There's something different about Miss Smiling Eyes Pittsburgh
Maggie Donaldson demonstrates that the luck of the Irish, in reality, comes from hard work and dedication.
The 17-year-old West Deer girl was crowned this year's Miss Smiling Irish Eyes Pittsburgh.
She will lead Pittsburgh's St. Patrick's Day Parade on Saturday, riding a float and then watching from the grandstand.
“Miss Smiling Irish Eyes is a huge honor, really,” Donaldson said.
It's an honor that goes each year to a female of Irish descent in the Pittsburgh area between 17 and 22 years old. Applicants are selected based upon their demonstration of moral character, ethical ideals and poise, according to information from the Miss Smiling Irish Eyes committee.
This year, the honor is even more special, for a number of reasons.
First, Donaldson is the 50th Miss Smiling Irish Eyes Pittsburgh to be named.
But that's not the most important distinction.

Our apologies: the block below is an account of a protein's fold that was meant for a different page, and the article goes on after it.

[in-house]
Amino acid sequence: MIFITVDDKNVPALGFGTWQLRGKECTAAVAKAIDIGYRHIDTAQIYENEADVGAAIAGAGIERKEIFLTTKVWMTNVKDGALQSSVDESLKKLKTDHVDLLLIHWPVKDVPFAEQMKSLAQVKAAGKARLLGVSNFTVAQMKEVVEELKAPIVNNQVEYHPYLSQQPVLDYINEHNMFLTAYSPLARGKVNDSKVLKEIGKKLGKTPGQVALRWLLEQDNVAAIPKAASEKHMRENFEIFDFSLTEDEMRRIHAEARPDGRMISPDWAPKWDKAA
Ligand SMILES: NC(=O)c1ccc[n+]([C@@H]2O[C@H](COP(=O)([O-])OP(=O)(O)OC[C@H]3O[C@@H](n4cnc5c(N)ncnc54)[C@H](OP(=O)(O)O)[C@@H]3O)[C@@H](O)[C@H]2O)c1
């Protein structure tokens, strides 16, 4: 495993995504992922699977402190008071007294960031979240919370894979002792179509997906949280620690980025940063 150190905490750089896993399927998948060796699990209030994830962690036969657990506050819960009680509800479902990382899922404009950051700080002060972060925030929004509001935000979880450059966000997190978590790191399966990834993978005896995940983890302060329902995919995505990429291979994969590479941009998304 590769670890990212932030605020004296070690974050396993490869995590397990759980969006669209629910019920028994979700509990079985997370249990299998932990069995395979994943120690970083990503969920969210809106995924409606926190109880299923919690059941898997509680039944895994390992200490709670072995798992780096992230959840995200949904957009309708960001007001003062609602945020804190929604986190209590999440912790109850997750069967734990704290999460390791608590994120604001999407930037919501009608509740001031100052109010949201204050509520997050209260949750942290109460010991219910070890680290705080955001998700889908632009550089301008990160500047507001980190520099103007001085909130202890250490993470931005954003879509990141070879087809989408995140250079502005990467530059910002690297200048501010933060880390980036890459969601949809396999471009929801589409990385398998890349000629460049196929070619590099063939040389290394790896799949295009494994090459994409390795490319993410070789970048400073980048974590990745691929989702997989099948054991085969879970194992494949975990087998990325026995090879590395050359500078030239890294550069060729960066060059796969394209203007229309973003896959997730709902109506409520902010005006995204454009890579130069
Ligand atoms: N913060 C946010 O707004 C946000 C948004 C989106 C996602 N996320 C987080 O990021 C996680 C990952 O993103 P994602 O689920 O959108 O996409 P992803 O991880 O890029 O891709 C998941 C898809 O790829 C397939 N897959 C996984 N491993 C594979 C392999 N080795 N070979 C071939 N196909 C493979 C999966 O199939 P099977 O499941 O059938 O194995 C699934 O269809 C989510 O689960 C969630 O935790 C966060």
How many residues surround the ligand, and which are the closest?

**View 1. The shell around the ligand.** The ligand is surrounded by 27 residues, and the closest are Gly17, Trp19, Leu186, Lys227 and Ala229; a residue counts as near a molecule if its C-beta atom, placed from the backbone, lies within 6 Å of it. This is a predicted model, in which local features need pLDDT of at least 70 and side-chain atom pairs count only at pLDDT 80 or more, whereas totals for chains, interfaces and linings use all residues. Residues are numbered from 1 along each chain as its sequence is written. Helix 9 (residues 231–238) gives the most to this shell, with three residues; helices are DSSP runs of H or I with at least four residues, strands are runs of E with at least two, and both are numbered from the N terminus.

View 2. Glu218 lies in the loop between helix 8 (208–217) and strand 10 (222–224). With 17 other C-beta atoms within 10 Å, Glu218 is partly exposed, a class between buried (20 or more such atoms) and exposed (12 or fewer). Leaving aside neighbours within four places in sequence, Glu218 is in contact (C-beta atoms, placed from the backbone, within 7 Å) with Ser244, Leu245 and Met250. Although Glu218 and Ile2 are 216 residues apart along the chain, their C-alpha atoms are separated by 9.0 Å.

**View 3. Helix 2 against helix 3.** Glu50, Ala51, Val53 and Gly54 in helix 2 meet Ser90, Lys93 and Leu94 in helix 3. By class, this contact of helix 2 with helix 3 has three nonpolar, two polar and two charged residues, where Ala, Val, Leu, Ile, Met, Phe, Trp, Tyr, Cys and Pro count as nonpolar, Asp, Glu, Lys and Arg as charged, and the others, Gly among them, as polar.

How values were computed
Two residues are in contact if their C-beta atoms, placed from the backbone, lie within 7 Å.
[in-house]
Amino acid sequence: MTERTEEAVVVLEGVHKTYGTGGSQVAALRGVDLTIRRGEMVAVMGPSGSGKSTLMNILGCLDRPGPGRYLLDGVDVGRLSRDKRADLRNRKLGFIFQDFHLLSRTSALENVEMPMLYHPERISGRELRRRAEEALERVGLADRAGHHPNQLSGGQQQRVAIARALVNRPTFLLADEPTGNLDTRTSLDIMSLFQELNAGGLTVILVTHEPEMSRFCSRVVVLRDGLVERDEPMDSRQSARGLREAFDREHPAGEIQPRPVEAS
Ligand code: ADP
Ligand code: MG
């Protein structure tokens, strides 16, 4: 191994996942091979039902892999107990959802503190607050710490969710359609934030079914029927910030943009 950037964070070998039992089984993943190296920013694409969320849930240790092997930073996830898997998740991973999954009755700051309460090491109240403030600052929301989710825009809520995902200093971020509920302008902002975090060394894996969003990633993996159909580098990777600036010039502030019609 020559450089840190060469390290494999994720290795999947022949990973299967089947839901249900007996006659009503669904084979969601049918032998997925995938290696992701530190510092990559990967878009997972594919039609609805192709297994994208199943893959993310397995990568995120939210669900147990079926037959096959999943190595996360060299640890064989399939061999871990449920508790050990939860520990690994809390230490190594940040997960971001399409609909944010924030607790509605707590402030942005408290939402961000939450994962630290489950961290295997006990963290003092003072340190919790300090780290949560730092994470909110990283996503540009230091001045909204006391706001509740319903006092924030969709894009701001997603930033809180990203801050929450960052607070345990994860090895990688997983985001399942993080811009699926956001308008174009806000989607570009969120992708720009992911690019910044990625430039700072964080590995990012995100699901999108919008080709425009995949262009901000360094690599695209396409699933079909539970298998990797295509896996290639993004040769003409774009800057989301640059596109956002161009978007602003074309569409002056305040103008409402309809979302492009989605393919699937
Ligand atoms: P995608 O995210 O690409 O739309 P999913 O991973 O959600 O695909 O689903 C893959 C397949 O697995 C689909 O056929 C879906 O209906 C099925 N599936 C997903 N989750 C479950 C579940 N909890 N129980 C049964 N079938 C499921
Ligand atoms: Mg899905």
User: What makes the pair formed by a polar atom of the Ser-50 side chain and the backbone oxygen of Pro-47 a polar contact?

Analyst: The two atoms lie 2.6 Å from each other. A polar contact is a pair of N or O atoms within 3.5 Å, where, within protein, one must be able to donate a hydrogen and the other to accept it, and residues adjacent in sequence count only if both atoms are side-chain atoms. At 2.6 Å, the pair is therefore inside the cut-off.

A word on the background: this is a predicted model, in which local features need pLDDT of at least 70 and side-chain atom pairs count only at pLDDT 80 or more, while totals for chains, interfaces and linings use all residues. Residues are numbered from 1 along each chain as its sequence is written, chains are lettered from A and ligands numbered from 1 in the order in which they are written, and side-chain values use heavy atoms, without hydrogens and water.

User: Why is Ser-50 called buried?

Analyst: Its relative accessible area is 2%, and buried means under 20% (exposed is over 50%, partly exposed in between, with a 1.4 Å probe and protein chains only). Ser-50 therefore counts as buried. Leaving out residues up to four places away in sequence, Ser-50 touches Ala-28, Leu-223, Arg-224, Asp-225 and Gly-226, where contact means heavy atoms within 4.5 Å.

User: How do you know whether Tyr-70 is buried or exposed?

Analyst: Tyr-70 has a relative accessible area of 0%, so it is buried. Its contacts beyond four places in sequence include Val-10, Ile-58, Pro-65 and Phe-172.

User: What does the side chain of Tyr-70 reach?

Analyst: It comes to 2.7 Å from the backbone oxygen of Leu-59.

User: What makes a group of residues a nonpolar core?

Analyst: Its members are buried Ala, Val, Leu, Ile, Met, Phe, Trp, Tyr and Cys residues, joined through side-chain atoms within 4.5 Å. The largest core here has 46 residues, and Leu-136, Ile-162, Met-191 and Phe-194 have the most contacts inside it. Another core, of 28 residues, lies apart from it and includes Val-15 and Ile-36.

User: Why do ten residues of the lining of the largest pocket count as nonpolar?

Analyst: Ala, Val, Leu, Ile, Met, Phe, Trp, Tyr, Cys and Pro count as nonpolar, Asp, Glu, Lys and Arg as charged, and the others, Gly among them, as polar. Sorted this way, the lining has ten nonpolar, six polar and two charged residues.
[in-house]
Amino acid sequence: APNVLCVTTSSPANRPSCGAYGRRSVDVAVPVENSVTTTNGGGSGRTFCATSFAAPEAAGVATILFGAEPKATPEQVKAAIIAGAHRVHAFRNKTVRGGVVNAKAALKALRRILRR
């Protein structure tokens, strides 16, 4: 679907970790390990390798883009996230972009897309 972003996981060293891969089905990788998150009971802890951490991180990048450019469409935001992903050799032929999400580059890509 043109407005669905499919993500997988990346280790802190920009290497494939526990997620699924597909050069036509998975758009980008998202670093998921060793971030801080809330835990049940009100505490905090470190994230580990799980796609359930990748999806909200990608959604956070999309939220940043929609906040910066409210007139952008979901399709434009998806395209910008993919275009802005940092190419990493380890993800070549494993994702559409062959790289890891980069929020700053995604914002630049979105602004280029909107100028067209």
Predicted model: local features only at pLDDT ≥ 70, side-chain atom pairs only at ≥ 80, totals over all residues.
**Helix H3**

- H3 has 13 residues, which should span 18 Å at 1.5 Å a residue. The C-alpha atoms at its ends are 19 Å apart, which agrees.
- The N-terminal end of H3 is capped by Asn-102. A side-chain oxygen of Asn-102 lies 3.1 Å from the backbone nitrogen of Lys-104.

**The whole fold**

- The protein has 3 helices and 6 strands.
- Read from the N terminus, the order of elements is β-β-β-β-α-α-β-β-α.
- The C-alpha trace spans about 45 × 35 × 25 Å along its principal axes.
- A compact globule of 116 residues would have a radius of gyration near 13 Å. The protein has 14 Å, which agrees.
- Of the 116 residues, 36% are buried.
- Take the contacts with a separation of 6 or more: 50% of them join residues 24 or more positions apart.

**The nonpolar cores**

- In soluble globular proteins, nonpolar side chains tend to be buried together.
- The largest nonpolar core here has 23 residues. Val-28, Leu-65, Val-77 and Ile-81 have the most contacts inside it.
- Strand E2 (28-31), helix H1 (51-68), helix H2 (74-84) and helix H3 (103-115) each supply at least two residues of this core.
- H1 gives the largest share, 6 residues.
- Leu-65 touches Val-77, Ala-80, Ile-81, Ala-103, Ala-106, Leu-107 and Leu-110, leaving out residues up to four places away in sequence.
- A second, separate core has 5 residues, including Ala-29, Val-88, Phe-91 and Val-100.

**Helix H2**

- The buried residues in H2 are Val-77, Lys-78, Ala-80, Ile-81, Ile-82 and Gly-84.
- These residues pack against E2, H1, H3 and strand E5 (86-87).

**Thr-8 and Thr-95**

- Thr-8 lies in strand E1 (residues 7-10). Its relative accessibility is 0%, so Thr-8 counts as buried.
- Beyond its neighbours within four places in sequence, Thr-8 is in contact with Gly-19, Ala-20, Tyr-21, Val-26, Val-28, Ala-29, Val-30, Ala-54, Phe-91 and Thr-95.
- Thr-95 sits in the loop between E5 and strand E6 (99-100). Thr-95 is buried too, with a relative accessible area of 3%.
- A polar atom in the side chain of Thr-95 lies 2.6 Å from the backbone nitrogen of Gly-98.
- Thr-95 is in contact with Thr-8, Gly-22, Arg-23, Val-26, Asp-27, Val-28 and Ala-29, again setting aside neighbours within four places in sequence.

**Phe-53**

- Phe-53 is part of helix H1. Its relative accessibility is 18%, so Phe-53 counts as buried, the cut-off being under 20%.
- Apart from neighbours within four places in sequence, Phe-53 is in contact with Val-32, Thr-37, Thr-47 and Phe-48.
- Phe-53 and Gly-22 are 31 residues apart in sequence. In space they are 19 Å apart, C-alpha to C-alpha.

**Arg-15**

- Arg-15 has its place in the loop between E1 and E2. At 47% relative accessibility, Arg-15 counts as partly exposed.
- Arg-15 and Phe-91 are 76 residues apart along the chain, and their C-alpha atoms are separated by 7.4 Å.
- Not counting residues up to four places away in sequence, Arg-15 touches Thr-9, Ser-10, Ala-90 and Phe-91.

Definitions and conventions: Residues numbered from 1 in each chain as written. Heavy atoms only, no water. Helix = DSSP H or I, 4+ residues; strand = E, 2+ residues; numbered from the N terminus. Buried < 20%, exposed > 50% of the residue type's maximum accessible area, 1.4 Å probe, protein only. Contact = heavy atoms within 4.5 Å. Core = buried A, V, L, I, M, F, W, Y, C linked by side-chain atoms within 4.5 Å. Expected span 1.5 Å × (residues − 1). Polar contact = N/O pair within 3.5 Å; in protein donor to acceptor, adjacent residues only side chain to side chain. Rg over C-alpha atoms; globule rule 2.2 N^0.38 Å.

Donaldson is also the first deaf woman to receive the honor in its 50-year history.
“I have always told myself that if I ever won, I would prove to everyone that deaf people can do anything if they set their minds to it,” she said in an interview via email.
It's clear that Donaldson, who attends the Western Pennsylvania School for the Deaf as well as Deer Lakes High School and Waterfront Learning, has applied that belief to everything she does.
“In order to win the title, you have to be involved in community service, school athletics, extracurricular activities, earn multiple awards and be extremely involved in the Irish community,” she said.